Chamomile is a commonly known herb that has amazingly wonderful, diverse qualities. It is traditionally used as a remedy for teething or cranky babies, to relieve and upset stomach, to ease menstrual cramps, and to reduce tension and induce sleep (K&W2001). Though individuals who have ragweed allergies may find that they are allergic to topical application of chamomile poulstices or salves, an allergic reaction is fairly unusual. In addition, in treating eczema, chamomile has been found to be as effective as hydrocortisone (steroidal cream) and superior to nonsteroidal anti-inflammatories (Aertgeertsetal1985). My own daughter has had eczema since she was an infant, and I have been delighted to find that a lotion created with chamomile & calendula infusions in both distilled water and natural vegetable oils has provided wonderful eczema relief. I now offer this lotion in my shop, primarily targeted for use for individuals with eczema, for children & infants, and for those with sensitive skin, though this lotion is fine for anyone and has a light scent of chamomile tea without the use of any fragrance or essential oils.

Chamomile

Chamomile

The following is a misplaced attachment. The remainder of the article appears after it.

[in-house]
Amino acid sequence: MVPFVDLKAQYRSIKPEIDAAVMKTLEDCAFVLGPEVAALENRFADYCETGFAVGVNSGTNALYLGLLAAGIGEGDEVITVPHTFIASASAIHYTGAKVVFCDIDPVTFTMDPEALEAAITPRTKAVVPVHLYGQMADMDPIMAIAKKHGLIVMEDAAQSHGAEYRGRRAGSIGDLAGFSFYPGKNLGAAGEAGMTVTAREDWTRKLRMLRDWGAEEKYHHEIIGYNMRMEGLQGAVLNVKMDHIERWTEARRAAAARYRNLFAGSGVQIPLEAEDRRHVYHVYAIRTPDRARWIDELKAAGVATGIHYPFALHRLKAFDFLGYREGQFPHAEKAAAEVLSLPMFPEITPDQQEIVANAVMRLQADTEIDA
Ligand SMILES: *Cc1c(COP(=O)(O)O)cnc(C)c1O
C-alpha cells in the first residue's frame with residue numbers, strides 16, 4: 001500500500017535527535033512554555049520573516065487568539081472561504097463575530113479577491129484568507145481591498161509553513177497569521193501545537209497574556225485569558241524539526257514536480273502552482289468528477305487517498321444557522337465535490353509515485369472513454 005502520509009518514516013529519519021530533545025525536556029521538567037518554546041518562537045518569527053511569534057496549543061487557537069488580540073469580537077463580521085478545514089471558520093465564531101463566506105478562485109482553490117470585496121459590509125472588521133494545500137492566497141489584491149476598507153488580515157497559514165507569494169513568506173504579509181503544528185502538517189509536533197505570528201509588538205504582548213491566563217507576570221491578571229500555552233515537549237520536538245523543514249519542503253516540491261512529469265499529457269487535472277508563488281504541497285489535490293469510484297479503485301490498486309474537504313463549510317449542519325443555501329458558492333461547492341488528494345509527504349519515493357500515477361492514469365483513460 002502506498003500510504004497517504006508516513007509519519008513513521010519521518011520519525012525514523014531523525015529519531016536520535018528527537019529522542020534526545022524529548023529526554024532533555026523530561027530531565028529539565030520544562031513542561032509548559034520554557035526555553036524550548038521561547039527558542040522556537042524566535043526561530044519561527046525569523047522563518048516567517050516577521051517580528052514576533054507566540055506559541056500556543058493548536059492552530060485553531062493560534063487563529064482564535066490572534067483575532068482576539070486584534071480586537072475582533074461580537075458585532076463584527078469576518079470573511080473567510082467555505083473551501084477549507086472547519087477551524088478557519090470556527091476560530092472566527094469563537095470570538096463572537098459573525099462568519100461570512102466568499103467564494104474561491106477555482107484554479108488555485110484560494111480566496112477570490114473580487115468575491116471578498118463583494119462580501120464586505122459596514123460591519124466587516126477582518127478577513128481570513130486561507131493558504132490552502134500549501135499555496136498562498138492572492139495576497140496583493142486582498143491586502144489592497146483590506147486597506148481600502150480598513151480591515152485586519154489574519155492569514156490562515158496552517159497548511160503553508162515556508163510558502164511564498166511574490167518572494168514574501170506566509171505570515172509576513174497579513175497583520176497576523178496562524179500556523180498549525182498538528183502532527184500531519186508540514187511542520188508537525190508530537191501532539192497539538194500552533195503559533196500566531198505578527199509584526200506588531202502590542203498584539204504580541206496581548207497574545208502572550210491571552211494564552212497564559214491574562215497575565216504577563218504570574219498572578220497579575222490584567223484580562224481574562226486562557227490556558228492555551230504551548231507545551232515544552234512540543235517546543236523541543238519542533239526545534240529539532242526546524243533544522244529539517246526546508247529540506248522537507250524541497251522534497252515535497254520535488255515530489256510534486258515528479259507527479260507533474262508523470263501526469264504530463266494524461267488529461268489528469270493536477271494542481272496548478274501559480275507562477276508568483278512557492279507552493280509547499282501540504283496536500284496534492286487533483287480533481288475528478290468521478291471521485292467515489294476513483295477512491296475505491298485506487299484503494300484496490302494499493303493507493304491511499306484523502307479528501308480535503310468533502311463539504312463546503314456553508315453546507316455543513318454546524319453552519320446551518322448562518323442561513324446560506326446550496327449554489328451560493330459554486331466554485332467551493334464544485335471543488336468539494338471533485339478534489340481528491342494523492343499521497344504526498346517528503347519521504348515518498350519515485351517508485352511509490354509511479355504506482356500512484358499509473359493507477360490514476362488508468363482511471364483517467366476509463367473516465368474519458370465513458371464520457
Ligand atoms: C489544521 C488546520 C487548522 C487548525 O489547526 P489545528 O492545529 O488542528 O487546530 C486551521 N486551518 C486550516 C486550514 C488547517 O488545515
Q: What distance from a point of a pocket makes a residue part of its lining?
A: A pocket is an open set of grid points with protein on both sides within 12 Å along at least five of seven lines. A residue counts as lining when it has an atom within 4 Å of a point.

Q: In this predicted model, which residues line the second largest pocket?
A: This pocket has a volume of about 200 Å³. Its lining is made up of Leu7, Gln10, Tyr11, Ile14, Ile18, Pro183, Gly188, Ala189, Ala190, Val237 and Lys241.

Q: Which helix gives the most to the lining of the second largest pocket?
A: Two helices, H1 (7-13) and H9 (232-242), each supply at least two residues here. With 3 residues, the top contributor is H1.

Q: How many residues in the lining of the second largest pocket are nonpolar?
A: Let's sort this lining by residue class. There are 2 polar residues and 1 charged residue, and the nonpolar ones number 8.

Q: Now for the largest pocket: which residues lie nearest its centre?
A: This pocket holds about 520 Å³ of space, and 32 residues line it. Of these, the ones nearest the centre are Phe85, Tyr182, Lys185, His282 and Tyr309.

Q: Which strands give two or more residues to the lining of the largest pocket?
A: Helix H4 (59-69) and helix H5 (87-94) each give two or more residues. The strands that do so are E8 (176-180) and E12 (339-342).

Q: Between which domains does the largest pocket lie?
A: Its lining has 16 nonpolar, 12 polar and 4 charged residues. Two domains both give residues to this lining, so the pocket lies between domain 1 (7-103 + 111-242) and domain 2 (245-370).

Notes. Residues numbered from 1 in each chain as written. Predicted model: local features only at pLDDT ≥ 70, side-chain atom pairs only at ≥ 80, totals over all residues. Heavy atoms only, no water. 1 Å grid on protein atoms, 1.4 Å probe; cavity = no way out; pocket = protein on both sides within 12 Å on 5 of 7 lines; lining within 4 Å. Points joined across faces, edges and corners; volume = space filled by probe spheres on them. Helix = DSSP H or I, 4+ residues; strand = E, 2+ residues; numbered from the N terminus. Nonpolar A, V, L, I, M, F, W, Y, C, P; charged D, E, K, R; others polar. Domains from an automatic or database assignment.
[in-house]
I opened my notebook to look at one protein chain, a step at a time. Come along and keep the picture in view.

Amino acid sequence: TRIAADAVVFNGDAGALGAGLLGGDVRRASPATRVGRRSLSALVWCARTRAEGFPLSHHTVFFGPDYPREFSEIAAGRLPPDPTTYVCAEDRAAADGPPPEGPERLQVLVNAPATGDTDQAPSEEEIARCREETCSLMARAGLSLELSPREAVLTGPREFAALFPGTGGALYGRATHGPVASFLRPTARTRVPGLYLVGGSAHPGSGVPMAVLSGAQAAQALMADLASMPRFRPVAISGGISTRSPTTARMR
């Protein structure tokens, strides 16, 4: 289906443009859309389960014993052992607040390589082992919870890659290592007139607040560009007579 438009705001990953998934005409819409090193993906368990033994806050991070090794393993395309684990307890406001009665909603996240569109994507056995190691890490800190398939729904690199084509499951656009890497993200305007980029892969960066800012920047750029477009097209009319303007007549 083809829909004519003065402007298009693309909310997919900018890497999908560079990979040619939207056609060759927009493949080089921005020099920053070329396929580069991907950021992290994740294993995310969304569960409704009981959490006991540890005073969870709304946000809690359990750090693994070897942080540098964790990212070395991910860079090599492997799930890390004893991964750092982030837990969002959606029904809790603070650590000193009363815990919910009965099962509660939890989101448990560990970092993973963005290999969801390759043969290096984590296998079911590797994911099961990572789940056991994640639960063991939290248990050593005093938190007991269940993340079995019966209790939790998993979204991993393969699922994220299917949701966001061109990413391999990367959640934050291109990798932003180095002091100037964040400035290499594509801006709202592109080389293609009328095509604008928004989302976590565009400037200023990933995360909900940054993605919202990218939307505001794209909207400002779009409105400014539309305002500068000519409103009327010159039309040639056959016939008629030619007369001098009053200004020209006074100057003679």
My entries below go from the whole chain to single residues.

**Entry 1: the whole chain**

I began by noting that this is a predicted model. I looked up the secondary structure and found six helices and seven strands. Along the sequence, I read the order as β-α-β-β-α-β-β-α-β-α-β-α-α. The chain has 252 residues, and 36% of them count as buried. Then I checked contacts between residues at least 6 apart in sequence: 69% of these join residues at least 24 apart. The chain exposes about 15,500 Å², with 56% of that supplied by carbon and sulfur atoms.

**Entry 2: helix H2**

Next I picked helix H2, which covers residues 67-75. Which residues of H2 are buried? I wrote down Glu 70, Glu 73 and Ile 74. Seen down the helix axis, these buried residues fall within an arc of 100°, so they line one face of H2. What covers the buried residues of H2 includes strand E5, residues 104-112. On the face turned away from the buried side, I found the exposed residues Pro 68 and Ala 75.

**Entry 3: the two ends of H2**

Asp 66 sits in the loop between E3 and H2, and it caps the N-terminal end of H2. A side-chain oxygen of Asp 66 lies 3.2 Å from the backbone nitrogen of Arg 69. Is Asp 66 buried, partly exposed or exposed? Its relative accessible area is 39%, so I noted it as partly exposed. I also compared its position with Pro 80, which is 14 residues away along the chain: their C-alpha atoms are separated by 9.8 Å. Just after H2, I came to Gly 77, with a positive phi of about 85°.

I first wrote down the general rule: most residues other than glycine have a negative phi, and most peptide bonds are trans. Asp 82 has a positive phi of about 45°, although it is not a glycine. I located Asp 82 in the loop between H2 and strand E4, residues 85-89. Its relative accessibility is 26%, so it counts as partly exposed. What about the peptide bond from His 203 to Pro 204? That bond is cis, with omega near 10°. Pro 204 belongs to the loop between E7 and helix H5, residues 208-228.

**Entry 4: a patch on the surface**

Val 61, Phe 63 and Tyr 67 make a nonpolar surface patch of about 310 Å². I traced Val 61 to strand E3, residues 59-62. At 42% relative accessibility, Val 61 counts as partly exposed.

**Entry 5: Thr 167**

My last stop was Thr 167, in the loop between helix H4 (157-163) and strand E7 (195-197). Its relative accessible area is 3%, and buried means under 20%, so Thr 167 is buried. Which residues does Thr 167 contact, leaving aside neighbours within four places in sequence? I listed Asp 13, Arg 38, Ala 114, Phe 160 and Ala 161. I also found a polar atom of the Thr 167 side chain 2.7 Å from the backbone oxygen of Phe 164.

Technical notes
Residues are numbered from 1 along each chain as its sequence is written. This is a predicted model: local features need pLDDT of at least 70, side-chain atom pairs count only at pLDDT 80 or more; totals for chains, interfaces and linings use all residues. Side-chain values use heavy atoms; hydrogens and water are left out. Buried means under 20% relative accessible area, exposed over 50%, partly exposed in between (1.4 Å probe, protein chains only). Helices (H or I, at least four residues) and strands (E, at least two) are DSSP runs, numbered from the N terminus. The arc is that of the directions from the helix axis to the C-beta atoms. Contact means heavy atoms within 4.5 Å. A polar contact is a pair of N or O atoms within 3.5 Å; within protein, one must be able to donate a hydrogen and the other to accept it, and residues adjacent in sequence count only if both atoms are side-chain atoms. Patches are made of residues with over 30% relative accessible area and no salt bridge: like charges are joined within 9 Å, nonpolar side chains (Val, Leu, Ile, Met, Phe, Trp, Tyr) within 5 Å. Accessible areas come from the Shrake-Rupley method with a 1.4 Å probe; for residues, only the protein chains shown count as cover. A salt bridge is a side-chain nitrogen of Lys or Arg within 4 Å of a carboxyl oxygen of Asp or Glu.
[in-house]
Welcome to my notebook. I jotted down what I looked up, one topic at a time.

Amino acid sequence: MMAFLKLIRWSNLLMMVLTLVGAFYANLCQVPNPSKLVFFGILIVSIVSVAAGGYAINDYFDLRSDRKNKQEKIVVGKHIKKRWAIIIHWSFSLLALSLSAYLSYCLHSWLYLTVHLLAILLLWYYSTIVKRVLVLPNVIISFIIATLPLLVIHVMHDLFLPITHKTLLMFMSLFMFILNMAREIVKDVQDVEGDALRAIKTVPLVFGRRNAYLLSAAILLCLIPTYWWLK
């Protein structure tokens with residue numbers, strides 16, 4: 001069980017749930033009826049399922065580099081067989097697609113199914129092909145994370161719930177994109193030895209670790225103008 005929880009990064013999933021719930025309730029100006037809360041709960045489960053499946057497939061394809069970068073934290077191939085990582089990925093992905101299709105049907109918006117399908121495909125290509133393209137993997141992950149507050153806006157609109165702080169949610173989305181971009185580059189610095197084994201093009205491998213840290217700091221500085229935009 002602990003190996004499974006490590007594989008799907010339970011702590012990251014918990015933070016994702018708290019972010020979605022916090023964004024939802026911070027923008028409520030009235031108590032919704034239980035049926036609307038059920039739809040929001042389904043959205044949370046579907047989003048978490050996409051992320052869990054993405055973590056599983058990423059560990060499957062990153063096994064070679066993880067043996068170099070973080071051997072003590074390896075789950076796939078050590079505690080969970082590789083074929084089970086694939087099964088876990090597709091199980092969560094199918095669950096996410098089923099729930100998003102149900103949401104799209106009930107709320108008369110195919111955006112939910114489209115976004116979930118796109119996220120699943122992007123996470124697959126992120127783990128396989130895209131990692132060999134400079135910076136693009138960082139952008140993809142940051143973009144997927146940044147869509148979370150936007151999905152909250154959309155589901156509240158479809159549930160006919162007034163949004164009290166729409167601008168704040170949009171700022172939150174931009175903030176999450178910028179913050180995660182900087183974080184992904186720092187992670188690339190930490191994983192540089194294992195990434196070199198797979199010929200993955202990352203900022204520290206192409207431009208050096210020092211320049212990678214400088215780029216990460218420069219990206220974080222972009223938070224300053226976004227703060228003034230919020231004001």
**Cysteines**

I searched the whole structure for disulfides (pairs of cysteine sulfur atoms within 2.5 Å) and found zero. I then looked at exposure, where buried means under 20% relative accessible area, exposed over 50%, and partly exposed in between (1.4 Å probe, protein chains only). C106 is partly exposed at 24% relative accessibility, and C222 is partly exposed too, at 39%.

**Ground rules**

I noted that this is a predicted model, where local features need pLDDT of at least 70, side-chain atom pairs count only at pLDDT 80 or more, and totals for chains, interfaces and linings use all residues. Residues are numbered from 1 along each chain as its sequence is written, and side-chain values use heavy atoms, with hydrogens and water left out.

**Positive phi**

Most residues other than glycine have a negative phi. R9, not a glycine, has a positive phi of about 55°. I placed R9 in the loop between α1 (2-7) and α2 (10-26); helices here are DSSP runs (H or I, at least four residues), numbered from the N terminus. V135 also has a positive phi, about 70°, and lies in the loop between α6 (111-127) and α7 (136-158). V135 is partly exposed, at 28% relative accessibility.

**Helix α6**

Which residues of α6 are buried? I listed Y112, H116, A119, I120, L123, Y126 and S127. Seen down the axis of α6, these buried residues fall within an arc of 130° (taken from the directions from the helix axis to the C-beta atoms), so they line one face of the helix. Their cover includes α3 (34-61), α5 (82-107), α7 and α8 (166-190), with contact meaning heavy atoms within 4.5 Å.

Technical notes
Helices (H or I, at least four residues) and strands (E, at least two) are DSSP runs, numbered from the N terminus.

Chamomile is a wonderfully calming herb, both calming to the skin (as above) and calming to the tummy, the mind, the body, and the spirit. It gently brings someone into a state of restful sleep, and soothes even an irritated baby or newborn struggling with colic. German Chamomile has a long history of use during pregnancy and breast-feeding and is a common tea in Europe, Central America, & South America. (That said, it is important to note that Roman Chamomile has been found to have aborficent effects in studies on animals, and so it is important to choose German Chamomile over the Roman variety.) Part of chamomile’s calming effect on the nervous system is the large amount of easily assimilable calcium, making it a great herb to treat insomnia, nervousness, irritability, restlessness, and nighmares, along with connected conditions such as hypertension and cramps, spasms, and stomach distress. Menstrual cramps can be eased with the combination of chamomile & ginger (Tierra2003).